Given these two developments, it is quite possible to envisage a scenario in which Hong Kong voters would give a boost to opposition democrats at the Legco polls. In fact, democrats could sweep a majority of the thirty so-called “geographical seats,” though pro-Beijing elements will probably still capture most of the thirty “functional seats” (given the influence of business and other pro-government elements there). So far, Beijing’s reconciliatory moves of public discussions and explanations do not seem to have borne fruits in Hong Kong, as the massive “democratic show of force” on July 1 amply demonstrated. It remains to be seen if Vice-President Zeng Qinghong’s last-ditched attempt in late August to convince Hong Kongers of the benefits of cooperating with the central government can stem the anti-Beijing tide.

The Taiwan Quagmire

The Taiwan political quagmire is of a different nature, though no less dark in it forecast for Beijing. The Chinese leadership is in fact preparing for the eventuality that President Chen Shui-bian’s “green supporters” (many of whom strongly advocate independence from the Mainland) will sweep the Legislative Yuan at the December polls. Such an eventuality would not only bolster pro-independence sentiments in Taiwan, but might also embolden “pro-independentists” to press for more decisive moves toward an indefinite split from the China.

Chen’s “election by a whisker” last March was an ominous sign that the “green independence tide” could ultimately shift the legislature from its current “pan-blue” KMT-PFP majority towards the DPP-TSU alliance, hence seriously endangering Beijing’s incessant appeals to respect the “one China” policy. This shift appears inevitable today, as the former-ruling KMT party weakens further, amidst internal squabbles and the glaring failure of its own leadership to contend with critical yet controversial internal party renewal and rejuvenation. The KMT-PFP opposition lack credible leaders in Lien Chan and James Soong, while a strengthened Chen Shui-bian/Lee Teng-hui tandem head the recently victorious DPP-TSU alliance. This internal Taiwanese political wrangling comes at a time when the controversy of Chen’s ultra-thin victory over Lien in the last presidential elections appears to be dissipating; Taiwanese public opinion seems to be coming to terms with Chen’s second mandate – while Lien, Soong and their parties slip in popularity ratings across the country.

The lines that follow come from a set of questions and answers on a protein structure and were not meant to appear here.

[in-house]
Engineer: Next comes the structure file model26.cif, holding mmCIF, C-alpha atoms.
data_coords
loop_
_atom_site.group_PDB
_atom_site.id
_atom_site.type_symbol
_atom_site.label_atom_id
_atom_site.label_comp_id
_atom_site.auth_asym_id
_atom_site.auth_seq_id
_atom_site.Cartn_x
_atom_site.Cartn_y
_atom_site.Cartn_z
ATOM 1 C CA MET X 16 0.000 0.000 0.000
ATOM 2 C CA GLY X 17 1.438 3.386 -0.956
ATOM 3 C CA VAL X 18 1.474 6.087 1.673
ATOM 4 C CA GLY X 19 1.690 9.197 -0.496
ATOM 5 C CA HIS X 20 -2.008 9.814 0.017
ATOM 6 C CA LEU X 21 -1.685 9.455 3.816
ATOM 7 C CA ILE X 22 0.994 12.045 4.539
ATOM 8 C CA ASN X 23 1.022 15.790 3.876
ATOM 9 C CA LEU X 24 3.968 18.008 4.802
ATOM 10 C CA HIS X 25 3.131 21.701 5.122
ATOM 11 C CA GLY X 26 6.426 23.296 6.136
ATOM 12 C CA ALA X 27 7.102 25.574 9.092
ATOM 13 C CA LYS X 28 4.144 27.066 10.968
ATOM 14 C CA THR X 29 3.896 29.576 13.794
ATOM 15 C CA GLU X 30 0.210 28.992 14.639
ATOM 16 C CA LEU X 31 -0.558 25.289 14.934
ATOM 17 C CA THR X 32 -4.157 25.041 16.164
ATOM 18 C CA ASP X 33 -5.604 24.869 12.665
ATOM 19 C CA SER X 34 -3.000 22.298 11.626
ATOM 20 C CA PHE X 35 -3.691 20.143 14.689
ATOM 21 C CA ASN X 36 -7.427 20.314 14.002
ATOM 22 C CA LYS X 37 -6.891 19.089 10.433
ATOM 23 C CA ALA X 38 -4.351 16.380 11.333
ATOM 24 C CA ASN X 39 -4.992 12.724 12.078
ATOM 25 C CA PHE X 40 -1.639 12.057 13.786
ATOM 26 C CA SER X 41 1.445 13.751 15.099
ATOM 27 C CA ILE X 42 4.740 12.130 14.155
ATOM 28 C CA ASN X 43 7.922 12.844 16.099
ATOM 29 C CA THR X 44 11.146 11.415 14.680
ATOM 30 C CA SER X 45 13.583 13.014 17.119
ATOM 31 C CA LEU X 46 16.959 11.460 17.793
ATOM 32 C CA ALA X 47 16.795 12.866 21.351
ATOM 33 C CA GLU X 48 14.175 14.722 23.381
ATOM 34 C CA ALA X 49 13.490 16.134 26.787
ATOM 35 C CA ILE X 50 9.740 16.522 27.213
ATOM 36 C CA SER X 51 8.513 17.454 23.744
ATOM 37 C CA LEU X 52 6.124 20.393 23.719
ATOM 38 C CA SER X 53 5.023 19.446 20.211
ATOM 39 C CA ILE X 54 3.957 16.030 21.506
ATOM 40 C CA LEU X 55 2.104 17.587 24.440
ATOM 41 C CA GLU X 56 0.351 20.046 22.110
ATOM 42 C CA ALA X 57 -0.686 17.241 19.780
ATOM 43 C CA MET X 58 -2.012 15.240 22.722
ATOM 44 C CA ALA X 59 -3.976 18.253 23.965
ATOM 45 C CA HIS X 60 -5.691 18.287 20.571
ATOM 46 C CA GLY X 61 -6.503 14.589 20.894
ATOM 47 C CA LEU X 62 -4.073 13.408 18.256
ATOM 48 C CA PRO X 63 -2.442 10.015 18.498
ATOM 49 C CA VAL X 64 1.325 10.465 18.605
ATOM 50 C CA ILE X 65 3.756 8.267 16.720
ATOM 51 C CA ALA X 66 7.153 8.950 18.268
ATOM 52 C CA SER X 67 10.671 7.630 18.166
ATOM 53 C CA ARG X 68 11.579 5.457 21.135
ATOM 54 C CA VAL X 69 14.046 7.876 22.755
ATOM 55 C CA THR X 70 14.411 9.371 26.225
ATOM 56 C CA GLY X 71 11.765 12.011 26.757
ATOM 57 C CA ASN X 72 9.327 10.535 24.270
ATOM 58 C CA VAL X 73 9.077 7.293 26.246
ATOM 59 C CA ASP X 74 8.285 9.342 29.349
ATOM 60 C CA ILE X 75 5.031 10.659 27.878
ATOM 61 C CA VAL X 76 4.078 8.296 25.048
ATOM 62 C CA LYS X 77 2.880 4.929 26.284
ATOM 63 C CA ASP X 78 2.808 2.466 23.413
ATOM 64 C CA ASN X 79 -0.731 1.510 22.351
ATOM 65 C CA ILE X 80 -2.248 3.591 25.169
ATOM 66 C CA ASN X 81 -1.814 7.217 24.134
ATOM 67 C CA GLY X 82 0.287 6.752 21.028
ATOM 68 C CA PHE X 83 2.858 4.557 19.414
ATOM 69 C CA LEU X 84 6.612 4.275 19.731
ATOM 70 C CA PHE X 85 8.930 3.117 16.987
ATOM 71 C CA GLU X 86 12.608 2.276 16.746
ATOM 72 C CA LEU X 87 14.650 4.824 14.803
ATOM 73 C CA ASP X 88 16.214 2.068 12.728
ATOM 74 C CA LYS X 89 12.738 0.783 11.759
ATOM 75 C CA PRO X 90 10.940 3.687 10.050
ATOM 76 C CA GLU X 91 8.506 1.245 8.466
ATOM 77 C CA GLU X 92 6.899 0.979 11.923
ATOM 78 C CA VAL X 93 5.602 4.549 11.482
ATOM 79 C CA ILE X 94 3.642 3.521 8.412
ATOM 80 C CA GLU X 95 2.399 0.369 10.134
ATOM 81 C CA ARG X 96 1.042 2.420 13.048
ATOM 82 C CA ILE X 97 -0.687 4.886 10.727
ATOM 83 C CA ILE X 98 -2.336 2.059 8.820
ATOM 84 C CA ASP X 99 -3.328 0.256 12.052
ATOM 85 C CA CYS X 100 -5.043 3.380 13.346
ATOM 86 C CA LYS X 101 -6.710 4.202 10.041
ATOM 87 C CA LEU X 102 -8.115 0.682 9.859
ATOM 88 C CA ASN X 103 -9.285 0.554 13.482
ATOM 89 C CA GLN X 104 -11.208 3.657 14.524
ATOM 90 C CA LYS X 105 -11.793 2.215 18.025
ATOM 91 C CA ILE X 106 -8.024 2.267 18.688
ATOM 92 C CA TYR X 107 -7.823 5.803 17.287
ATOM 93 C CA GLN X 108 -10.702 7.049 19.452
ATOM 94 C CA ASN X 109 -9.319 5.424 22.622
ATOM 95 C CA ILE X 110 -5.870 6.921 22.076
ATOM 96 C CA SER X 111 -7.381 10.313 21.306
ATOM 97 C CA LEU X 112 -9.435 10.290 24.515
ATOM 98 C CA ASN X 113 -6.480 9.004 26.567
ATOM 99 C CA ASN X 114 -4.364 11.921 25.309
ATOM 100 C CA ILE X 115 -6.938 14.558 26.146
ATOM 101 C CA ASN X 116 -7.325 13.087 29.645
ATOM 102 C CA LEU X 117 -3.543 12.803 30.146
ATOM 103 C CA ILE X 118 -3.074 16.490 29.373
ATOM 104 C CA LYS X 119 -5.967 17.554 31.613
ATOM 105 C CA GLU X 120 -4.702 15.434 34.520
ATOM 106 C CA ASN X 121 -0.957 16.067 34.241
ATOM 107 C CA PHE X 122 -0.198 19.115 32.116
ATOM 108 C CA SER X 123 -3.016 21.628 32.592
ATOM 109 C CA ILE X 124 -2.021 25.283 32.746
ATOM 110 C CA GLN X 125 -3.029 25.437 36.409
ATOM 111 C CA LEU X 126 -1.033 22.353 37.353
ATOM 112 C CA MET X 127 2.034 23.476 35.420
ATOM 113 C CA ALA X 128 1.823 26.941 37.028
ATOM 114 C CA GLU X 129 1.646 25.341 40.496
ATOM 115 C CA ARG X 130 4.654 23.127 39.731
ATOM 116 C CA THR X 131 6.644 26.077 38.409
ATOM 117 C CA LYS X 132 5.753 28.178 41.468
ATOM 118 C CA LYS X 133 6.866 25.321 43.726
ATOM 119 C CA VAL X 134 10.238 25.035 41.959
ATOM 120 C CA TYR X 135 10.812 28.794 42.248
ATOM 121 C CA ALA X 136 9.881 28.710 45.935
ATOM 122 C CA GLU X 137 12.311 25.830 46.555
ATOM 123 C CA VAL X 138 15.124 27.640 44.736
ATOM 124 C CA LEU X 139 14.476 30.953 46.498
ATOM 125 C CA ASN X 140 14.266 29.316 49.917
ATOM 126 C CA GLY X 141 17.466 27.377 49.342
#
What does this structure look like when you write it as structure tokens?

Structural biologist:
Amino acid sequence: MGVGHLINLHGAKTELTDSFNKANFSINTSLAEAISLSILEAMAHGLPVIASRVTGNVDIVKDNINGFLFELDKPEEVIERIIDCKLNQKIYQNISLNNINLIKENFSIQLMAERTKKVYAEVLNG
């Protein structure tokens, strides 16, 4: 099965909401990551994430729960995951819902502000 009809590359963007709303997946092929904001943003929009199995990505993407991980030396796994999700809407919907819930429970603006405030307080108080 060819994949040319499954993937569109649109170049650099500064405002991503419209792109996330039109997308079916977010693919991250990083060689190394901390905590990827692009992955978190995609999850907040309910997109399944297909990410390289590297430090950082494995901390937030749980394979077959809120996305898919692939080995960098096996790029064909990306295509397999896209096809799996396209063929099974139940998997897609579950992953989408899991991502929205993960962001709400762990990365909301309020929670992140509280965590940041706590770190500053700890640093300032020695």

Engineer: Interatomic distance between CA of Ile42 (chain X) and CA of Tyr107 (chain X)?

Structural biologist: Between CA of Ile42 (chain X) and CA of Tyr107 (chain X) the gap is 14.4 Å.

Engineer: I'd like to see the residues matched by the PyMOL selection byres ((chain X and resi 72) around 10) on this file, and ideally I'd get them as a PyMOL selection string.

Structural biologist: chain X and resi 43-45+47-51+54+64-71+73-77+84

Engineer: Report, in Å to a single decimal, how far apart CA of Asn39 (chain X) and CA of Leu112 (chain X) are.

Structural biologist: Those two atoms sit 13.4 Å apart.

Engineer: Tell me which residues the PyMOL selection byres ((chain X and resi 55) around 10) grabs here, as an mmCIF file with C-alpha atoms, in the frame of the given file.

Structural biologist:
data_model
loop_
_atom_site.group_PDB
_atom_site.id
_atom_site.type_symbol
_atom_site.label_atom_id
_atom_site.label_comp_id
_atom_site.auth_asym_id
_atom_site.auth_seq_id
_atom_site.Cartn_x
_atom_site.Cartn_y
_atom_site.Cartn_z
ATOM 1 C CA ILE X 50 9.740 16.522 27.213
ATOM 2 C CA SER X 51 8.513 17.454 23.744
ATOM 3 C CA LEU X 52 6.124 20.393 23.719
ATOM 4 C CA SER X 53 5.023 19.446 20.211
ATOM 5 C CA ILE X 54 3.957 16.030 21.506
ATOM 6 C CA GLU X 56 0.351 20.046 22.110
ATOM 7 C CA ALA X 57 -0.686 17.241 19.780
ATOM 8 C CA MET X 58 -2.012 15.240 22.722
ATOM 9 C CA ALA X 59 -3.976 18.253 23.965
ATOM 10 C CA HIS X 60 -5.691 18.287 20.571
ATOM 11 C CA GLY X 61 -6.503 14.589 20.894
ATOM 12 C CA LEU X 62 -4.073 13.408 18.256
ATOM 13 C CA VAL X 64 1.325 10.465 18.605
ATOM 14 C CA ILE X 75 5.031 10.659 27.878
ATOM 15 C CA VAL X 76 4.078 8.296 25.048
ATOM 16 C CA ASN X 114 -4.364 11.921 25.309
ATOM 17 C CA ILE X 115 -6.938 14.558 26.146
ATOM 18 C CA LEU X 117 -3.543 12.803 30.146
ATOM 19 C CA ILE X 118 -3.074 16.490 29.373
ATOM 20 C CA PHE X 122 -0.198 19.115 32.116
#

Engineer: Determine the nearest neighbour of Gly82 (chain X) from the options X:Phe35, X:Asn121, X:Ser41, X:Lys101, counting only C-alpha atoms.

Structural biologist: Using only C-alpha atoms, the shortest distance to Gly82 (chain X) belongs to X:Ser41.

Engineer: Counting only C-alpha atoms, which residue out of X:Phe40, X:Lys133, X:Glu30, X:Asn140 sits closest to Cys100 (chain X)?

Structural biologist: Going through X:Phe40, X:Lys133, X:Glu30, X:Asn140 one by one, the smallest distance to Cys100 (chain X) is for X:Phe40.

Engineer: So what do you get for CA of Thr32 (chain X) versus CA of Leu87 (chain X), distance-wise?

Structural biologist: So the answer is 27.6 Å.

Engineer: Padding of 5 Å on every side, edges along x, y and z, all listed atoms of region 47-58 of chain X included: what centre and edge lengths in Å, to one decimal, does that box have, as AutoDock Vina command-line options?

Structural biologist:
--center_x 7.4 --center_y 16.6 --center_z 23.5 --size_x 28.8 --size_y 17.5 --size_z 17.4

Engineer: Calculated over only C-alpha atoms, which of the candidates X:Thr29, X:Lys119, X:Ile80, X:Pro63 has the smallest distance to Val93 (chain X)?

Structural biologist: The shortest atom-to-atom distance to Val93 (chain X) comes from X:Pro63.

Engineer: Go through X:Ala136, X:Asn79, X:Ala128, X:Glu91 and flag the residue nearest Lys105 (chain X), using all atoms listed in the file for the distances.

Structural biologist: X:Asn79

China appears to be at a total loss in contending with these internal politics, nor has it determined how best to win the hearts and minds of an increasingly nationally-oriented 23 million Taiwanese. Threats from Chinese leaders have not been helpful in binding the Taiwanese any closer to the Mainland, just as Beijing begins to realize the true limits of its economic policy of enticement and “enmeshment” between Taiwan and the Mainland.

China has put pressure on Taiwan’s principal ally, the United States, not to sell arms or bolster nationalistic sentiments on the island. But Beijing also realizes the clear limits of Washington’s commitment to the “one China” policy; a commitment which was tested during “strategic talks” between the Chinese leadership and Vice President Dick Cheney and National Security Council Advisor Condoleezza Rice on separate occasions this year in Beijing. The current Dongshan war drill by Beijing, as well as the Hankuang military games by Taiwan, attests to the increasingly tense situation across the Straits. Any U.S. military package to Taipei could spark renewed nervousness in China, as Mainland strategists prepare for air attacks and sea-borne landings against Taiwan.